Traits that have arisen multiple times yet still remain rare present a curious paradox. A number of these rare traits show a distinct tippy pattern, where they appear widely dispersed across a phylogeny, are associated with short branches and differ between recently diverged sister species. This phylogenetic pattern has classically been attributed to the trait being an evolutionary dead end, where the trait arises due to some short‐term evolutionary advantage, but it ultimately leads species to extinction. While the higher extinction rate associated with a dead end trait could produce such a tippy pattern, a similar pattern could appear if lineages with the trait speciated slower than other lineages, or if the trait was lost more often that it was gained. In this study, we quantify the degree of tippiness of red flowers in the tomato family, Solanaceae, and investigate the macroevolutionary processes that could explain the sparse phylogenetic distribution of this trait. Using a suite of metrics, we confirm that red‐flowered lineages are significantly overdispersed across the tree and form smaller clades than expected under a null model. Next, we fit 22 alternative models using HiSSE(Hidden State Speciation and Extinction), which accommodates asymmetries in speciation, extinction and transition rates that depend on observed and unobserved (hidden) character states. Results of the model fitting indicated significant variation in diversification rates across the family, which is best explained by the inclusion of hidden states. Our best fitting model differs between the maximum clade credibility tree and when incorporating phylogenetic uncertainty, suggesting that the extreme tippiness and rarity of red Solanaceae flowers makes it difficult to distinguish among different underlying processes. However, both of the best models strongly support a bias towards the loss of red flowers. The best fitting HiSSEmodel when incorporating phylogenetic uncertainty lends some support to the hypothesis that lineages with red flowers exhibit reduced diversification rates due to elevated extinction rates. Future studies employing simulations or targeting population‐level processes may allow us to determine whether red flowers in Solanaceae or other angiosperms clades are rare and tippy due to a combination of processes, or asymmetrical transitions alone.

    more » « less
  4. Eaton, Deren (Ed.)
    Abstract Color polymorphism—two or more heritable color phenotypes maintained within a single breeding population—is an extreme type of intraspecific diversity widespread across the tree of life. Color polymorphism is hypothesized to be an engine for speciation, where morph loss or divergence between distinct color morphs within a species results in the rapid evolution of new lineages, and thus, color polymorphic lineages are expected to display elevated diversification rates. Multiple species in the lizard family Lacertidae are color polymorphic, making them an ideal group to investigate the evolutionary history of this trait and its influence on macroevolution. Here, we produce a comprehensive species-level phylogeny of the lizard family Lacertidae to reconstruct the evolutionary history of color polymorphism and test if color polymorphism has been a driver of diversification. Accounting for phylogenetic uncertainty with multiple phylogenies and simulation studies, we estimate an ancient origin of color polymorphism (111 Ma) within the Lacertini tribe (subfamily Lacertinae). Color polymorphism most likely evolved few times in the Lacertidae and has been lost at a much faster rate than gained. Evolutionary transitions to color polymorphism are associated with shifts in increased net diversification rate in this family of lizards. Taken together, our empirical results support long-standing theoretical expectations that color polymorphism is a driver of diversification.[Color polymorphism; Lacertidae; state-dependent speciation extinction models; trait-dependent diversification.]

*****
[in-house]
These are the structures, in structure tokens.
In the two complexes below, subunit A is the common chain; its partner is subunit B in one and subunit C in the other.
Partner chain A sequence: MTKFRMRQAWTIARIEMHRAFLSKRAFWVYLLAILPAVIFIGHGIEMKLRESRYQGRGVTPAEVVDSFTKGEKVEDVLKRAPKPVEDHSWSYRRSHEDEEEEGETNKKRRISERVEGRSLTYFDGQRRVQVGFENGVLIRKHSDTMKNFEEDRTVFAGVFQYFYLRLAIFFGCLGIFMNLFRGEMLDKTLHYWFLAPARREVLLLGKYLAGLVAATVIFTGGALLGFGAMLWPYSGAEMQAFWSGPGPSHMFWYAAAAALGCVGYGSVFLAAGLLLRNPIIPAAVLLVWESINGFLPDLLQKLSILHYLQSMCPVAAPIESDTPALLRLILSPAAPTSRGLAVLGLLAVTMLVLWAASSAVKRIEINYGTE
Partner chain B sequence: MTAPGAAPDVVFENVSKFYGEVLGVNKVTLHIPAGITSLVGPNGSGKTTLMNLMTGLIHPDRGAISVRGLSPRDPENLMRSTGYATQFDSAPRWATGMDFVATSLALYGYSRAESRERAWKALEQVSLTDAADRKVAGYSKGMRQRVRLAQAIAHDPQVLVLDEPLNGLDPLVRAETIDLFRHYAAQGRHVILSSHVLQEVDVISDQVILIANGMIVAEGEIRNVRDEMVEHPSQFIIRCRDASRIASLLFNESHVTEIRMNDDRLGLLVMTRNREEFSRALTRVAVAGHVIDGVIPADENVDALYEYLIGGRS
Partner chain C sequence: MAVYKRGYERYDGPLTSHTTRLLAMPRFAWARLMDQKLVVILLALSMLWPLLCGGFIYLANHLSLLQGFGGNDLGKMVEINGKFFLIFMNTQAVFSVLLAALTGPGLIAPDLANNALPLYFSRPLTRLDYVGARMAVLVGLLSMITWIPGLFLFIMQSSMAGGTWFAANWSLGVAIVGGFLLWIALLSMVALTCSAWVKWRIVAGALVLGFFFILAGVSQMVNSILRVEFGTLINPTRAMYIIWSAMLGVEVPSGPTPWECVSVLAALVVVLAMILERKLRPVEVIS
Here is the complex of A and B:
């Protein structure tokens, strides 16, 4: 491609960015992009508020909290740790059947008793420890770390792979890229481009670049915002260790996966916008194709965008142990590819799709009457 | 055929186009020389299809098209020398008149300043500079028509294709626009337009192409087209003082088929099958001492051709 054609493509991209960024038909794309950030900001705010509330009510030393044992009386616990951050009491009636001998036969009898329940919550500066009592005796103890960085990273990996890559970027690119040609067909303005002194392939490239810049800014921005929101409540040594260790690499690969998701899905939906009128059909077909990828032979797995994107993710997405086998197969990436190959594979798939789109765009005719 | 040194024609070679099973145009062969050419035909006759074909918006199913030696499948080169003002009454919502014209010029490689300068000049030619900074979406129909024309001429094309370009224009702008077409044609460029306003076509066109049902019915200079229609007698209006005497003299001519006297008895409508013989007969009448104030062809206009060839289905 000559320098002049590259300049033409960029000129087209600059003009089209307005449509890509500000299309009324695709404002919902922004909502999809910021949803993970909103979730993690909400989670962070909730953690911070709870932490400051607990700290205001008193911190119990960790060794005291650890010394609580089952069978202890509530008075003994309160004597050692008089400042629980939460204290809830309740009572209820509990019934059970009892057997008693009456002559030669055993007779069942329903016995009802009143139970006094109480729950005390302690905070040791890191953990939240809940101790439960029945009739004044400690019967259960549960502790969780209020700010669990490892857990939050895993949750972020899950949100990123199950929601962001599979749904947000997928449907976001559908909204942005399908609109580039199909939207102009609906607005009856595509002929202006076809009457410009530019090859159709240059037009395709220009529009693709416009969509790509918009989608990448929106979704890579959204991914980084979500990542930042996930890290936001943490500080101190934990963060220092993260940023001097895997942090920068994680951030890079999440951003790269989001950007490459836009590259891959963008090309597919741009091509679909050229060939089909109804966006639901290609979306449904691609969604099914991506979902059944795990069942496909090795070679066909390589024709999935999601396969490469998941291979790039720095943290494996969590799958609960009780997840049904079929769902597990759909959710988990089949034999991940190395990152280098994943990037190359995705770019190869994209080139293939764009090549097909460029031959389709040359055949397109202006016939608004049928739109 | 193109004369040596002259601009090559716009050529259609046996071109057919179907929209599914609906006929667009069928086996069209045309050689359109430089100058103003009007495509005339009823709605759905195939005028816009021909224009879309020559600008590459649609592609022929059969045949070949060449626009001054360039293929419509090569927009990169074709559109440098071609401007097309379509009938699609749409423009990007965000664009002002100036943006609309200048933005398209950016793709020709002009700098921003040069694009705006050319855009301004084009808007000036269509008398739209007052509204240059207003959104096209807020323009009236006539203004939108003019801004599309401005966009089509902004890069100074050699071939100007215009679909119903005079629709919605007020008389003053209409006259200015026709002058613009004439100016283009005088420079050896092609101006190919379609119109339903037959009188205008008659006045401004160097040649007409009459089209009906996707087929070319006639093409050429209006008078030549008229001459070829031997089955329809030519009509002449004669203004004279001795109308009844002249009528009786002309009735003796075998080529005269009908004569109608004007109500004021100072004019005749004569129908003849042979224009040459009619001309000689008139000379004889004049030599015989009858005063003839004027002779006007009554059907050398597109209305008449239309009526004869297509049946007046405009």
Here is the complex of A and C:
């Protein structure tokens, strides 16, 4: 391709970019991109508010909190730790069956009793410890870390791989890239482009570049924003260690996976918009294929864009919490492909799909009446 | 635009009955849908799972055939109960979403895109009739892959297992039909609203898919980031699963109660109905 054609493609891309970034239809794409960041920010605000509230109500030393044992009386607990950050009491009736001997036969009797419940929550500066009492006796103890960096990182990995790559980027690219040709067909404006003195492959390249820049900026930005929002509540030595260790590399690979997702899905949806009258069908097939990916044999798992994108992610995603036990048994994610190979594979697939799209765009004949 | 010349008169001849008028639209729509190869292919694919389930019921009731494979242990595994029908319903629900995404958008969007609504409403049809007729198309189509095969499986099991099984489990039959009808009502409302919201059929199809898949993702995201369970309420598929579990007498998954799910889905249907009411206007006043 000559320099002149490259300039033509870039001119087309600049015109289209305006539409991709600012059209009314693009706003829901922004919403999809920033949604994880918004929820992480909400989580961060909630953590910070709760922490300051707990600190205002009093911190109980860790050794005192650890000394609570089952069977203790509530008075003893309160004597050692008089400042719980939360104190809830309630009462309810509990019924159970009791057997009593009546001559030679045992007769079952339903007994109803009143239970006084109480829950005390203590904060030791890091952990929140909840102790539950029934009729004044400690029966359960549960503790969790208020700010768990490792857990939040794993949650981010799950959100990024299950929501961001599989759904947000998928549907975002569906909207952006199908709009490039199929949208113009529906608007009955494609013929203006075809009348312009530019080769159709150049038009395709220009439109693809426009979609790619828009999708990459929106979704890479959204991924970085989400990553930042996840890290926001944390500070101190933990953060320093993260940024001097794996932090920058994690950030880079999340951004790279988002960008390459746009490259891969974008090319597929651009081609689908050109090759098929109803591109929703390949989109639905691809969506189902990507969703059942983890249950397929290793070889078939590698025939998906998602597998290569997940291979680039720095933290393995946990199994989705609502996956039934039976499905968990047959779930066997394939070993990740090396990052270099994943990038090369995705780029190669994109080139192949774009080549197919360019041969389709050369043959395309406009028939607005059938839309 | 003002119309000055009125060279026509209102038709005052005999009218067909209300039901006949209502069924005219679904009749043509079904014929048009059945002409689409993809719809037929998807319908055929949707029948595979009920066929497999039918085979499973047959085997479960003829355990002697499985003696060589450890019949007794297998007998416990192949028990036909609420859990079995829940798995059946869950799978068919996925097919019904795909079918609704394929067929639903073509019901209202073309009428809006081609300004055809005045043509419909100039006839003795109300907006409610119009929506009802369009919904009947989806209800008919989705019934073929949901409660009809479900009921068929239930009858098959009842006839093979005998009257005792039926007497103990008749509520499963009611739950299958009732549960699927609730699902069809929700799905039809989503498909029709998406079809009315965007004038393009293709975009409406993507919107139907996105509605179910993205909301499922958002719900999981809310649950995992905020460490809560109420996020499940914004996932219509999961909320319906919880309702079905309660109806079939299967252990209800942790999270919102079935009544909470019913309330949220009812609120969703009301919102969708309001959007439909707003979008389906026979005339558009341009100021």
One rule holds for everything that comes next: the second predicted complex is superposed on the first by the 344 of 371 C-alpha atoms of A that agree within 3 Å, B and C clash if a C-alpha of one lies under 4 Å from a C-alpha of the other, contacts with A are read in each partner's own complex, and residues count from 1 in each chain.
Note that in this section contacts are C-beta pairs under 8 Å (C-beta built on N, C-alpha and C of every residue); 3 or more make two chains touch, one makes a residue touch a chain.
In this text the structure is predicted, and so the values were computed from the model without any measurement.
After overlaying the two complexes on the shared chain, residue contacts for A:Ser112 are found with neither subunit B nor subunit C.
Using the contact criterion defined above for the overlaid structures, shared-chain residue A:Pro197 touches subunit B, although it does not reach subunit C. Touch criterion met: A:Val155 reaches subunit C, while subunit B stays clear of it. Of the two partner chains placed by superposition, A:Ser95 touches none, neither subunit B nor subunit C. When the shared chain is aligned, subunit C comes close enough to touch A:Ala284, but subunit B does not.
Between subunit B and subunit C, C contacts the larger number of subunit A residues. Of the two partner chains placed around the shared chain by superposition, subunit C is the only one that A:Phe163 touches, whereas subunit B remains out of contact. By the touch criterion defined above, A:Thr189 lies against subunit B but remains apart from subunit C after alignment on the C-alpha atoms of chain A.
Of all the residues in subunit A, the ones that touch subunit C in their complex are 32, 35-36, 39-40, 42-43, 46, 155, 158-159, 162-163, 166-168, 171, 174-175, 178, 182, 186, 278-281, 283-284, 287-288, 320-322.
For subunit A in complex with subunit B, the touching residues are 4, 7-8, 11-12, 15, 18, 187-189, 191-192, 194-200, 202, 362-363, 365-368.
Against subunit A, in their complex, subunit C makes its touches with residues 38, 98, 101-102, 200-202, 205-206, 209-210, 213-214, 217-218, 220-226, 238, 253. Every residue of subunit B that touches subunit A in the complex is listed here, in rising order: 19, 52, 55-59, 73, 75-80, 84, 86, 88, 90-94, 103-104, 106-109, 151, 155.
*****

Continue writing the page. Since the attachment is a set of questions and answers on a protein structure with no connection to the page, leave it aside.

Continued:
more » « less
  5. Abstract

    The complex island archipelagoes of Wallacea and Melanesia have provided empirical data behind integral theories in evolutionary biology, including allopatric speciation and island biogeography. Yet, questions regarding the relative impact of the layered biogeographic barriers, such as deep-water trenches and isolated island systems, on faunal diversification remain underexplored. One such barrier is Wallace’s Line, a significant biogeographic boundary that largely separates Australian and Asian biodiversity. To assess the relative roles of biogeographic barriers—specifically isolated island systems and Wallace’s Line—we investigated the tempo and mode of diversification in a diverse avian radiation, Corvides (Crows and Jays, Birds-of-paradise, Vangas, and allies). We combined a genus-level data set of thousands of ultraconserved elements (UCEs) and a species-level, 12-gene Sanger sequence matrix to produce a well-resolved supermatrix tree that we leveraged to explore the group’s historical biogeography and the effects of the biogeographic barriers on their macroevolutionary dynamics. The tree is well resolved and differs substantially from what has been used extensively for past comparative analyses within this group. We confirmed that Corvides, and its major constituent clades, arose in Australia and that a burst of dispersals west across Wallace’s Line occurred after the uplift of Wallacea during the mid-Miocene. We found that dispersal across this biogeographic barrier was generally rare, though westward dispersals were two times more frequent than eastward dispersals. Wallacea’s central position between Sundaland and Sahul no doubt acted as a bridge for island-hopping dispersal out of Australia, across Wallace’s Line, to colonize the rest of Earth. In addition, we found that the complex island archipelagoes east of Wallace’s Line harbor the highest rates of net diversification and are a substantial source of colonists to continental systems on both sides of this biogeographic barrier. Our results support emerging evidence that island systems, particularly the geologically complex archipelagoes of the Indo-pacific, are drivers of species diversification. [Historical biogeography; island biogeography; Melanesia; molecular phylogenetics; state-dependent diversification and extinction.]

    more » « less